Pie 105: The Rangers ‘Seasonal Chicken & Ham’ Pie

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To really focus on writing a book something you need is time. That, or the ability to generate time by re-organising your life. Unfortunately time is something that is in short supply for me at the moment, well I say unfortunately but I don’t mean it. In the last few months I have been buzzing about visiting new places, working and generally having a good time all the while trying to get my life going where I want it to go. I’m pretty confident I’m going about things in the right way a sure sign of which can be identified in the fact that I have totally lost track of the plot lines and character intricacies found down Hollyoaks way.

Anyway the point is I’m aware the book isn’t coming along at the pace I first predicted but I can happily justify it with everything else that is going on. Which nicely brings me to this years World Pie Championship Judging Day. Once again I have the honour of being asked to judge at the championships and I want to do my bit to make sure the football category is the biggest one yet!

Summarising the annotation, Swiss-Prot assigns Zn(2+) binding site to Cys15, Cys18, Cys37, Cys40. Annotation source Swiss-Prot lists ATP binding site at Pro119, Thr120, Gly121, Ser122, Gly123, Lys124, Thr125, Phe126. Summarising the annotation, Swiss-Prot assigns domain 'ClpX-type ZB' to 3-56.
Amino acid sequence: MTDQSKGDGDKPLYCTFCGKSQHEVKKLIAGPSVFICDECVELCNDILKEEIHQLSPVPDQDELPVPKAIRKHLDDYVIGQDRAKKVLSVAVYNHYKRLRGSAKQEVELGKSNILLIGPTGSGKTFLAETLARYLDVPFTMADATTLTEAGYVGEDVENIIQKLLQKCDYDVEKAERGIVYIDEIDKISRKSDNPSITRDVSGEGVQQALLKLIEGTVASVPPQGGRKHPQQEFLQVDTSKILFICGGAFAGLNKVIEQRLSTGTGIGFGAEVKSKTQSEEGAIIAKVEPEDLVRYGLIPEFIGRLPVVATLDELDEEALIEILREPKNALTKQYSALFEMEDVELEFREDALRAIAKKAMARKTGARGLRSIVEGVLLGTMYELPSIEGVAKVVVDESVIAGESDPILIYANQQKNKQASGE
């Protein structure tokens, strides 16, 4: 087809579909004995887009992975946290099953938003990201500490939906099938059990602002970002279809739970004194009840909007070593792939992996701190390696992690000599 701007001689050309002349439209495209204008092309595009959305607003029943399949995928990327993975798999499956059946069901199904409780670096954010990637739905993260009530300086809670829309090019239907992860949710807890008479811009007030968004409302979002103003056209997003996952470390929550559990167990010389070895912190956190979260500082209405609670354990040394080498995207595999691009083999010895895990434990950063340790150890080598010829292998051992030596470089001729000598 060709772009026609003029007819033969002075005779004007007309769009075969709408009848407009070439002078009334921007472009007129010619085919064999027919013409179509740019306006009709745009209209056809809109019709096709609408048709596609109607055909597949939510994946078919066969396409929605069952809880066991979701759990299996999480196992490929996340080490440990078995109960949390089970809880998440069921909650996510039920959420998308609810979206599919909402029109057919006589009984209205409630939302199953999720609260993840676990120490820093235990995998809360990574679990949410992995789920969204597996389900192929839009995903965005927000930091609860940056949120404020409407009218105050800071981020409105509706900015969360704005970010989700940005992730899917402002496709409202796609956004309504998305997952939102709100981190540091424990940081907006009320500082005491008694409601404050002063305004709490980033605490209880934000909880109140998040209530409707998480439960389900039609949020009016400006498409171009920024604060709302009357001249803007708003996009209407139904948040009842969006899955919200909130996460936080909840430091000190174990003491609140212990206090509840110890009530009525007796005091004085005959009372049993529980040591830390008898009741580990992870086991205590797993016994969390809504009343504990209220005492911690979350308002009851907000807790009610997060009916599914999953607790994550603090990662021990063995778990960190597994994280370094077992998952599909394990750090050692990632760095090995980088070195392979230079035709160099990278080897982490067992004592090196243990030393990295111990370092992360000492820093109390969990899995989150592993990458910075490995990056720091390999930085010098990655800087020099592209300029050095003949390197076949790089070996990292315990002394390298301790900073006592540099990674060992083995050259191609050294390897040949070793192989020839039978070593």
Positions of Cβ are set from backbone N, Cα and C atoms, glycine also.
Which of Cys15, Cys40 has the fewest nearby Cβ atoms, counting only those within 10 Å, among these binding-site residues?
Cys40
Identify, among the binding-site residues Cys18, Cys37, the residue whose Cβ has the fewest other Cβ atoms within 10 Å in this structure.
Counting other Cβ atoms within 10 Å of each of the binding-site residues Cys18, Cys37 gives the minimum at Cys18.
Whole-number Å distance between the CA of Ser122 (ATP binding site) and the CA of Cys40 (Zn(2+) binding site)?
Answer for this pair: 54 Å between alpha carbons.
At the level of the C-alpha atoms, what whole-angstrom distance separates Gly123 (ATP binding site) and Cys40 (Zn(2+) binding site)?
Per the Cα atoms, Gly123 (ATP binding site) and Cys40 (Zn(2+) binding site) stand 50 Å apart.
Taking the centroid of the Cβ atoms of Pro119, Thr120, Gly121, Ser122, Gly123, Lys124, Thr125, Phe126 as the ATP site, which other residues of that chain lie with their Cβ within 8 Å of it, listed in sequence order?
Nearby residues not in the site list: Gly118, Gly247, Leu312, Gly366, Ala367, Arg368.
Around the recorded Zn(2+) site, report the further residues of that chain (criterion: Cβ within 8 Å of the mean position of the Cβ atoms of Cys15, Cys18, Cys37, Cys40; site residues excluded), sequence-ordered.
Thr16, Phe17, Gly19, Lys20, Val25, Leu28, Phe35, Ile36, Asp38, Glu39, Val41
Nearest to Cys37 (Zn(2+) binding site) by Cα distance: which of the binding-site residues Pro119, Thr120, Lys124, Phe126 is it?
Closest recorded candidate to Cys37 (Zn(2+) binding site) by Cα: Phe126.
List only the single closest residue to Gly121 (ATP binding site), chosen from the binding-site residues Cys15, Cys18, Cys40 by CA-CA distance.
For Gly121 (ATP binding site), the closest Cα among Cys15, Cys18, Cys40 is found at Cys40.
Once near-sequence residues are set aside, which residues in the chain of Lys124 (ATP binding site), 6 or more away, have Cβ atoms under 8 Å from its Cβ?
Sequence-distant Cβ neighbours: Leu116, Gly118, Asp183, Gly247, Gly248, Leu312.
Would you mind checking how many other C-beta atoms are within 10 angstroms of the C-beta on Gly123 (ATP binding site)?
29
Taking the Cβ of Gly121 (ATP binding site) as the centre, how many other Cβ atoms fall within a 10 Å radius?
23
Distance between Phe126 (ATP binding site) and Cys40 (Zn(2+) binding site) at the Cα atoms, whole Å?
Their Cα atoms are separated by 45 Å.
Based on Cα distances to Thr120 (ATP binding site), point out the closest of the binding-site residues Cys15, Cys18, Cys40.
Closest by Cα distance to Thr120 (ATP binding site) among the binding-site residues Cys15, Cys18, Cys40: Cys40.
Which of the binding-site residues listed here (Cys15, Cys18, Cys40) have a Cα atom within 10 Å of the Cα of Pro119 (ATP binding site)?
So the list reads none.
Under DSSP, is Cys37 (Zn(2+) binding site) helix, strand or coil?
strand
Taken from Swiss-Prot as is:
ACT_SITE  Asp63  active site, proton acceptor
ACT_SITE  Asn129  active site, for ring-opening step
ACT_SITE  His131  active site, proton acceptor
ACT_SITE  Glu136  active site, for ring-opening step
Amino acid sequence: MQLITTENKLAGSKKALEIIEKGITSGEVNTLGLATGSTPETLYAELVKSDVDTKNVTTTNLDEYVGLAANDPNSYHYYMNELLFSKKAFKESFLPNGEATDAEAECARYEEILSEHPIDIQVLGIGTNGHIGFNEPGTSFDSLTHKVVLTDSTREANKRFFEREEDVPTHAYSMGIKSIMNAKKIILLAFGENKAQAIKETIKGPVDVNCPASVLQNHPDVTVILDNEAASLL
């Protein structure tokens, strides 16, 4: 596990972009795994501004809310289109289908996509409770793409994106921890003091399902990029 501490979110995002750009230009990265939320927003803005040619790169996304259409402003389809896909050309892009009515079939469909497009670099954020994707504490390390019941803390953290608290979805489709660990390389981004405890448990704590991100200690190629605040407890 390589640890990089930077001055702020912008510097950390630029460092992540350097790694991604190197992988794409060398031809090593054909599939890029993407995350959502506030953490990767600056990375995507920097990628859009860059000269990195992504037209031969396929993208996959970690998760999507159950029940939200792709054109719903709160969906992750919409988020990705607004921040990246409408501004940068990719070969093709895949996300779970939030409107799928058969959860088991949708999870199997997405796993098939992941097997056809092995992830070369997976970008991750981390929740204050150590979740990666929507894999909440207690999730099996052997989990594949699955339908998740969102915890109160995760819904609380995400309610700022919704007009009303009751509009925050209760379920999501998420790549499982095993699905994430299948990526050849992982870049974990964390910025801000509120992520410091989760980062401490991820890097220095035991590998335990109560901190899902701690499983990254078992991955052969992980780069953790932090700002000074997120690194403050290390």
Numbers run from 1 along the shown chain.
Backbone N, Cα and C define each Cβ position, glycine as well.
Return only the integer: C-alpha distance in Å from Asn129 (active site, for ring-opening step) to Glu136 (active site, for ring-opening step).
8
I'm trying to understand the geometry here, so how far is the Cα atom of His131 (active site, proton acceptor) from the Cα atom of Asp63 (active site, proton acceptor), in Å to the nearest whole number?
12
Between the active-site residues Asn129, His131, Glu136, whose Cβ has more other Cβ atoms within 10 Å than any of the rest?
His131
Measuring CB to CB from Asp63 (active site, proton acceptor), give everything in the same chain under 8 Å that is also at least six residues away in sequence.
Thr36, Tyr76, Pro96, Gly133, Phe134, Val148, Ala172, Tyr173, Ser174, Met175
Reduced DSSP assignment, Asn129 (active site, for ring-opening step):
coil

So if you think you have the best pie in town details on how to enter can be found at the following link: http://scottishbakers.org/news/search-has-started-2016-world-scotch-pie-champion. Last year there were 49 pies to judge and I would love to get my chops around some more.

However until then I still have a website to run so without further ado, let’s rate some pie!

THE SURROUNDINGS

Where: Rangers 1-3 St. Johnstone, Scottish League Cup 3rd Round, Ibrox Stadium

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Price: As can be seen from the table below the Seasonal Pie (remembering at this point of my purchasing experience this pastry could have had anything from caviar to a combine harvester inside of it) was a whopping £3.40. The highest priced pie consumed in Scotland to date and a full 20p more expensive than the previous holder of this title The Queens Park Chicken & Tarragon Pie. This pie cost the equivalent of 3 junior scotch pies or two and a bit luxury offerings from the same level. Expensive.

Pies. Still cheaper than a burger.
Pies. Still cheaper than a burger or a CHICKEN WRAP!?.

Presentation: As is often found in senior Scottish football this pie was presented in a large aluminium foil container with the option of a small white napkin from the self-service dispenser on the counter. The kind of size where really you need 2 or 3 to get full mop-up-ability.

THE PIE

Let's be honest, that's not looking very bonny.
Let’s be honest, that’s not looking very bonny.